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Abhijit Banerjee wore a dhoti while receiving Nobel Prize! How dhoti carries Bengal’s pride

13 December, 2019 04:12:34
Abhijit Banerjee wore a dhoti while receiving Nobel Prize! How dhoti carries Bengal’s pride

It was such a moment of pride to see economist Abhijit Banerjee walking up the podium in a Bengali dhoti to receive the Nobel Prize. An attire that was popularized in Bengal by the zamindars and babus, who also linked dhoti to Bengal Renaissance bringing in different styles of wearing this simple loin cloth. Dhoti is not just an attire, rather it has a story to tell. Else why would it be a part of a series of Kalighat patas, revealing the picture of a babu with his oiled and curly hair parted in the middle and a garland of white flowers around one wrist, the corner of the pleat of his dhoti in one hand and a hukkah in the other? The manner in which the pleats were worn and even the textile used varied depending on how rich the babu or zamindar was.

This babu culture was mostly fostered by the zamindari system and the wealthy class of Bengal, those who challenged the orthodox social ways of Bengal and gave rise to a completely new way of living in the then British-ruled Kolkata. Even though the babus modernized themselves as they were introduced to motor cars that replaced the carriages and palanquins, cigars in place of hukkas, imported perfumes instead of Indian atar, foreign liquors in place of home-made ones, they never left their dhotis, rather learnt how to wear it with a British coat on top.

Bengal’s sartorial legacy of attire was derived from the royal patronage and the nobility that valued the richness of traditional techniques of weaving, embroidery and stitching. This legacy is the common heritage of both present-day West Bengal and Bangladesh where these traditional methods of curating beautiful weaves exist in curious harmony with the modern-day synonymity of the ‘fashionable’ with the western-wear. The dhoti is basically a loincloth which is not just worn in Bengal but across South India too. But Bengal’s dhoti has a regal appeal.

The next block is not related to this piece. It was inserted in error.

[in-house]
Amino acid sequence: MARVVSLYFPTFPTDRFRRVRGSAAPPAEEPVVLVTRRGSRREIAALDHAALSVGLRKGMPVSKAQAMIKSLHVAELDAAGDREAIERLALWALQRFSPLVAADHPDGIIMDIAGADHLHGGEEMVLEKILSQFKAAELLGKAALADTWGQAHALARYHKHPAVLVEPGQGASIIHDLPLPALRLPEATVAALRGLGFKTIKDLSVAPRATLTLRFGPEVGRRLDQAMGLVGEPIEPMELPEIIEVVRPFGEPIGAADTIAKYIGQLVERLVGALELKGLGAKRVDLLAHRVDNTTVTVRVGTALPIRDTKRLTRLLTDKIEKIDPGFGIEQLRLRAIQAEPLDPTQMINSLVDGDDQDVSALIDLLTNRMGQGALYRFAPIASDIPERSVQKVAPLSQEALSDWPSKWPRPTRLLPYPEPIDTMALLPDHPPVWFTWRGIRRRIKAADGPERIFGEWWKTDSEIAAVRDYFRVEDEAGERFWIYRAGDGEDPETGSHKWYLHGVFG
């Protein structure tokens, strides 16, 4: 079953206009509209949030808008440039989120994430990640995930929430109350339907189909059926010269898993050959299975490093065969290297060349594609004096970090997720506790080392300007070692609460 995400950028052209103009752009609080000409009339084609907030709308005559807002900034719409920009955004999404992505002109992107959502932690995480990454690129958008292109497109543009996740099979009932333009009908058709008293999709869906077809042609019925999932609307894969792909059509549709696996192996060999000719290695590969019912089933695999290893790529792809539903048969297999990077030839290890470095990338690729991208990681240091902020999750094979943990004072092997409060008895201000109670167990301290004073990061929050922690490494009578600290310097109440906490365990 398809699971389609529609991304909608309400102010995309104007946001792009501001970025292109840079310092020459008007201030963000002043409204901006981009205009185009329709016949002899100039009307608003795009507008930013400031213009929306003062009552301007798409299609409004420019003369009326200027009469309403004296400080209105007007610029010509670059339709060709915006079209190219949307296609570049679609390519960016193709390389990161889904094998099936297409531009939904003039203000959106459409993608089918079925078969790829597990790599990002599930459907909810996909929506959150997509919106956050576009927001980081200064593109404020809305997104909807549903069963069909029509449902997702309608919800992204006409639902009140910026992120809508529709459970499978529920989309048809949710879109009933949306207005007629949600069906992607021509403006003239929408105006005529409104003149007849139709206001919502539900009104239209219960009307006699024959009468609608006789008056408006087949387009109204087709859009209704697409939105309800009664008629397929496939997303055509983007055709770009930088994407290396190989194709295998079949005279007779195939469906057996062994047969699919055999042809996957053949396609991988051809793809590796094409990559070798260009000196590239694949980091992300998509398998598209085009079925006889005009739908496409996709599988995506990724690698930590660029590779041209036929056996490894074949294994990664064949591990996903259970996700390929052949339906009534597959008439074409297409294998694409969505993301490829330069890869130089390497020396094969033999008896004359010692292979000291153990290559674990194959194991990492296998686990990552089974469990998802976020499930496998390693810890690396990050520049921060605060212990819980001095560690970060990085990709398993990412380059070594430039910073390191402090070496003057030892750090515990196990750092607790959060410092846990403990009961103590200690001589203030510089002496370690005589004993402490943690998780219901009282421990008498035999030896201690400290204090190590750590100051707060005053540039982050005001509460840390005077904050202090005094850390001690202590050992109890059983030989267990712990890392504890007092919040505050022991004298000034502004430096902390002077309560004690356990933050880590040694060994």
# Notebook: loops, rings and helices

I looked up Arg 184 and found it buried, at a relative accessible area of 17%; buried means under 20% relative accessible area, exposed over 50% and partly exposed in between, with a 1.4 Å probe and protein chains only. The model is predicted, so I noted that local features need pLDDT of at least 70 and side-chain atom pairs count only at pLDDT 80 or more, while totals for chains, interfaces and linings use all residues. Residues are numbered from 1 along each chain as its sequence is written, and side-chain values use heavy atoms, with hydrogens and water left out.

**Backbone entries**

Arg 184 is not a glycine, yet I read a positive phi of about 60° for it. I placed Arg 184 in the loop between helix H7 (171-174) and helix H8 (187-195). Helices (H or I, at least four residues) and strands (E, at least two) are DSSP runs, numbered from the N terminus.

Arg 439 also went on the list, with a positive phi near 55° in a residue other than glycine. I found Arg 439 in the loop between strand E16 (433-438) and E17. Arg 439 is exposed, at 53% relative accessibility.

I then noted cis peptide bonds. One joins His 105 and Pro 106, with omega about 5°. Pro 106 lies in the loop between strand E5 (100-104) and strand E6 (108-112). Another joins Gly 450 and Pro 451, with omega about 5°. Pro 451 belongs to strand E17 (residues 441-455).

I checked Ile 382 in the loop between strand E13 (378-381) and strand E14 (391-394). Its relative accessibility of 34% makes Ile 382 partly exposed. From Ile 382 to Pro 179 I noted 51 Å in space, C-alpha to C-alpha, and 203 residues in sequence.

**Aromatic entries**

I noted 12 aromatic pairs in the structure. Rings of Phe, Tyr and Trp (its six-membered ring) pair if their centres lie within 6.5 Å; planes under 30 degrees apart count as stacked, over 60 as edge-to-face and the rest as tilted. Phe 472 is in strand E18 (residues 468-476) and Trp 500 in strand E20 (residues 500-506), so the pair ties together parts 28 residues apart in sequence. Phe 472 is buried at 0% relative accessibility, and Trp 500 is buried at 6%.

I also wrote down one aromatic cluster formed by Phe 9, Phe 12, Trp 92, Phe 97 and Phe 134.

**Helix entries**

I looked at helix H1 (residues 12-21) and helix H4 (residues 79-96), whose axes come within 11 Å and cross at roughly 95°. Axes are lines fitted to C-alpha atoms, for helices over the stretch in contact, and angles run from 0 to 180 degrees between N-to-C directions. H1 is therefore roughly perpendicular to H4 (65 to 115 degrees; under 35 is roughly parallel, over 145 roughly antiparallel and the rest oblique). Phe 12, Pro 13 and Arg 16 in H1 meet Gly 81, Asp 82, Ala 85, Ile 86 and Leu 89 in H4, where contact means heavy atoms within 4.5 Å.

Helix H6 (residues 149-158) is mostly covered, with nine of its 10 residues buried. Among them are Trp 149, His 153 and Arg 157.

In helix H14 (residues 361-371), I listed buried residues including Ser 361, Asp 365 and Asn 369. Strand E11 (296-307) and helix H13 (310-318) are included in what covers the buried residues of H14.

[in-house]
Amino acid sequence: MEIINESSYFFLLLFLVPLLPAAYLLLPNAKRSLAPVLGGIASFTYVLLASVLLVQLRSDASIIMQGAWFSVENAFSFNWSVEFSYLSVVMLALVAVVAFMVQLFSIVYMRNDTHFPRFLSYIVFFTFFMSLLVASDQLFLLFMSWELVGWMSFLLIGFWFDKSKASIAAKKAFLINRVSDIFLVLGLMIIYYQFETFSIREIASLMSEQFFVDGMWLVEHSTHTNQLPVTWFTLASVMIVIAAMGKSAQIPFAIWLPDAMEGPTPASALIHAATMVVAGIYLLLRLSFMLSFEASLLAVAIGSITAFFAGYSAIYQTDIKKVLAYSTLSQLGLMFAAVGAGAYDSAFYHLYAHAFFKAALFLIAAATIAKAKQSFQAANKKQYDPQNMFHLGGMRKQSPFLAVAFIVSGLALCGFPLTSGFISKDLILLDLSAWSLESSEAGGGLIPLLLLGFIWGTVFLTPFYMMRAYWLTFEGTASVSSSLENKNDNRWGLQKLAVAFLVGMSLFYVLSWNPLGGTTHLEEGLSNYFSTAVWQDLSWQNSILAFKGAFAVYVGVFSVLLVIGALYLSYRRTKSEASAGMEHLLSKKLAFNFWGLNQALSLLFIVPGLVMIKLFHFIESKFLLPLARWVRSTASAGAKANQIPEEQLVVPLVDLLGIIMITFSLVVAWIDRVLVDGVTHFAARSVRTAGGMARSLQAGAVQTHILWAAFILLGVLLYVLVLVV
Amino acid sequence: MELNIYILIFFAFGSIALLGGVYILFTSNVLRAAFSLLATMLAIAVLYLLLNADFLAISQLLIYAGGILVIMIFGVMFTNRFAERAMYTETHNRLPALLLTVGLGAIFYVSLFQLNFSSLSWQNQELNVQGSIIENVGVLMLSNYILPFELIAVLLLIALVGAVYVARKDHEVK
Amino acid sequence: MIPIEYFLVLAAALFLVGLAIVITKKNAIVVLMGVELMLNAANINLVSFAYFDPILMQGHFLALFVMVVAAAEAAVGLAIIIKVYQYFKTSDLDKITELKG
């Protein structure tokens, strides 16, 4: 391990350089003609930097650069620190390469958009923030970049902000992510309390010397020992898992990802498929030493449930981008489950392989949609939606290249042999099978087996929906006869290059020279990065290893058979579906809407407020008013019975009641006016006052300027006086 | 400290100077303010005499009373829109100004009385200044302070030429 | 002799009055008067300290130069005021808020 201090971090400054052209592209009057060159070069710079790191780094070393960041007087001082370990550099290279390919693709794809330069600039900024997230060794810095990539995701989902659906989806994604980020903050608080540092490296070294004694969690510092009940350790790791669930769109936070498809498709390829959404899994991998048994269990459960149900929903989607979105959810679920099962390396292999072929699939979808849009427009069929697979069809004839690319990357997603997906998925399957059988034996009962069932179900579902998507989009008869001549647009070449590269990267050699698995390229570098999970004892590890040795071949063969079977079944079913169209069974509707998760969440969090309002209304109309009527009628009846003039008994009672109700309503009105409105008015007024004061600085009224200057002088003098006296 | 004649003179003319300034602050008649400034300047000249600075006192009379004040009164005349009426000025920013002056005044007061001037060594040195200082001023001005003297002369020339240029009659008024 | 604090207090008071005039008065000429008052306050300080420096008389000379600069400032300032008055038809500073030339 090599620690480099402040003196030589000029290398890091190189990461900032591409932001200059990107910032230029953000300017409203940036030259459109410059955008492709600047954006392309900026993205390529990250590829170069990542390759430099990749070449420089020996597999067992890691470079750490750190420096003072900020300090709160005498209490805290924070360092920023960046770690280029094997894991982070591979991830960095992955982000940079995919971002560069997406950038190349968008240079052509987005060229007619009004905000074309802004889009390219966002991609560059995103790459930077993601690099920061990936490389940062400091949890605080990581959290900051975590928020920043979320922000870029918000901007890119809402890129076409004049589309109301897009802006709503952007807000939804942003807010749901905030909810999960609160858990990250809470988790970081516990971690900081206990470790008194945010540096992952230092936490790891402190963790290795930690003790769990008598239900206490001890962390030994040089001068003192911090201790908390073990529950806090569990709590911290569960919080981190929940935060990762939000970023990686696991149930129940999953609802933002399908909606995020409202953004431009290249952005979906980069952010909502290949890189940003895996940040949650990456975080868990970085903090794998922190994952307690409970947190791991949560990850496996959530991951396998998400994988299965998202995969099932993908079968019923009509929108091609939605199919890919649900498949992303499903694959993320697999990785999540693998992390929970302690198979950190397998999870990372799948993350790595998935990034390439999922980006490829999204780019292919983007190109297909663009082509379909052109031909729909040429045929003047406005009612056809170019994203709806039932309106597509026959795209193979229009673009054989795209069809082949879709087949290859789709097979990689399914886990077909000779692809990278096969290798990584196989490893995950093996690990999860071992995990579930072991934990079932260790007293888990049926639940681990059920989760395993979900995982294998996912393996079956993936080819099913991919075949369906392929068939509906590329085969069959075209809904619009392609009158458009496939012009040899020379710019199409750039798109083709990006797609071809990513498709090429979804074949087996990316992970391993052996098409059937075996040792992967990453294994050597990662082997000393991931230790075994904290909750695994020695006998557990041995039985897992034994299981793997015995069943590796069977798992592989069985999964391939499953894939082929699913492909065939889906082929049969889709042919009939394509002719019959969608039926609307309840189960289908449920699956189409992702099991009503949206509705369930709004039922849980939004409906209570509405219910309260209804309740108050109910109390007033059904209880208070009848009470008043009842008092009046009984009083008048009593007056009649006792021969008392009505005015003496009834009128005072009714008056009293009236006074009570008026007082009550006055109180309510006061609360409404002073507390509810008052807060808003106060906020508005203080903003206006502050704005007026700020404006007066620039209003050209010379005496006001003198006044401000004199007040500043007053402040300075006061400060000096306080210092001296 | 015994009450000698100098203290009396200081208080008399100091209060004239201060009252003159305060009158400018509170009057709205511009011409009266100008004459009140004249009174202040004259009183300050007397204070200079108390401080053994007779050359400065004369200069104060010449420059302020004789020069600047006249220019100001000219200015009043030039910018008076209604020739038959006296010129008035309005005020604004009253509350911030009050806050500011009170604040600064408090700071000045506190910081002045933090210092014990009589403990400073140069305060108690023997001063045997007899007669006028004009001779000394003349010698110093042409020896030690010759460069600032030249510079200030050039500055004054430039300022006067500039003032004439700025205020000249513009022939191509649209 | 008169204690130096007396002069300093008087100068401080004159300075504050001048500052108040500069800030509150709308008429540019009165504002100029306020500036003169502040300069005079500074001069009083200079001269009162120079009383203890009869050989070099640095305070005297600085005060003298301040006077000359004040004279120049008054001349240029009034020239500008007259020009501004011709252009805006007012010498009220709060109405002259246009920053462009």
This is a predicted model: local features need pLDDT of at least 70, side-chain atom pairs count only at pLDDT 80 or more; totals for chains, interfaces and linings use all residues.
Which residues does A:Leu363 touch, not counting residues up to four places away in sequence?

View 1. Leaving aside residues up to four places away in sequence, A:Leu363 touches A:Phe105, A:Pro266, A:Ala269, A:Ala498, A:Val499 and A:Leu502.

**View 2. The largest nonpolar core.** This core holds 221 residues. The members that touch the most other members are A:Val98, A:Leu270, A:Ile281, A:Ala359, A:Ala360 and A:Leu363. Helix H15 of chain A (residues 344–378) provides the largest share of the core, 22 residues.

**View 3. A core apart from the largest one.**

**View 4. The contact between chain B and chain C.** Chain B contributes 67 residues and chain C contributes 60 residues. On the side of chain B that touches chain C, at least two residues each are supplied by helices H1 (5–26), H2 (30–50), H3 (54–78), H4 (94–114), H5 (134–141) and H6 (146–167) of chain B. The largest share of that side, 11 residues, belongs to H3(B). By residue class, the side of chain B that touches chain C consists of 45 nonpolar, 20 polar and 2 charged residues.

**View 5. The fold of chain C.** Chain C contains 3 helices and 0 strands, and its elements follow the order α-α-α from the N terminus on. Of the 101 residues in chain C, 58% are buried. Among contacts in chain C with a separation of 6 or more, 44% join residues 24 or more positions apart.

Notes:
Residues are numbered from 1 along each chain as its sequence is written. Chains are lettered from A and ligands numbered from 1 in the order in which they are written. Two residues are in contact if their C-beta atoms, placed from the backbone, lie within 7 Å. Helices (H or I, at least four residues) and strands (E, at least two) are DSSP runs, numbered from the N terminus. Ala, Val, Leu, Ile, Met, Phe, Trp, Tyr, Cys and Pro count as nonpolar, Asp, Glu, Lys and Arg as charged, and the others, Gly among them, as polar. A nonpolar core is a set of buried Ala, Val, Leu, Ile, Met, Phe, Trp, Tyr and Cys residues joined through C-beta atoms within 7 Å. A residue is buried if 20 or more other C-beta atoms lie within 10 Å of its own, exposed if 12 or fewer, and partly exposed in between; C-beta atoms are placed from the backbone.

Silk dhotis came into style in Kolkata through Laksmikanta Gangopadhyay. This Laksmikanta-styled dhoti is as intricately woven as the silk used for traditional dhotis. Before Kolkata became the vibrant city we know today, it was a wasteland. A young warrior and scholar, and descendant of one of the five original Indian Sanskrit scholars who had travelled to Bengal to improve the social conditions in the 10th century, Laksmikanta Gangopadhya toiled for fifty years for clearing the land to make it habitable. When he was through, he invited thousands of people from different caste, creed and profession to settle in the area. In 1698, a treaty was signed between the major landowner, Sabarna Roy Chowdhury and the East India Company. The Treaty precipitated the making of vast fortunes for the British Raj that helped build the British Empire across the globe.

Kolkata turned into an exotic and bustling port and the centre for trade and commerce of India. Jute, silk and muslin, spices, jewels, tea and sugar were exported to England, Europe, America, and even Australia. With the lavish styles and inroads of European culture, Bengal’s simple dhoti also changed style in wearing and draping. Even today, the tradition continues, specially during weddings when the groom wears a Giley or Koncha dhoti like the babus of yesteryears.  

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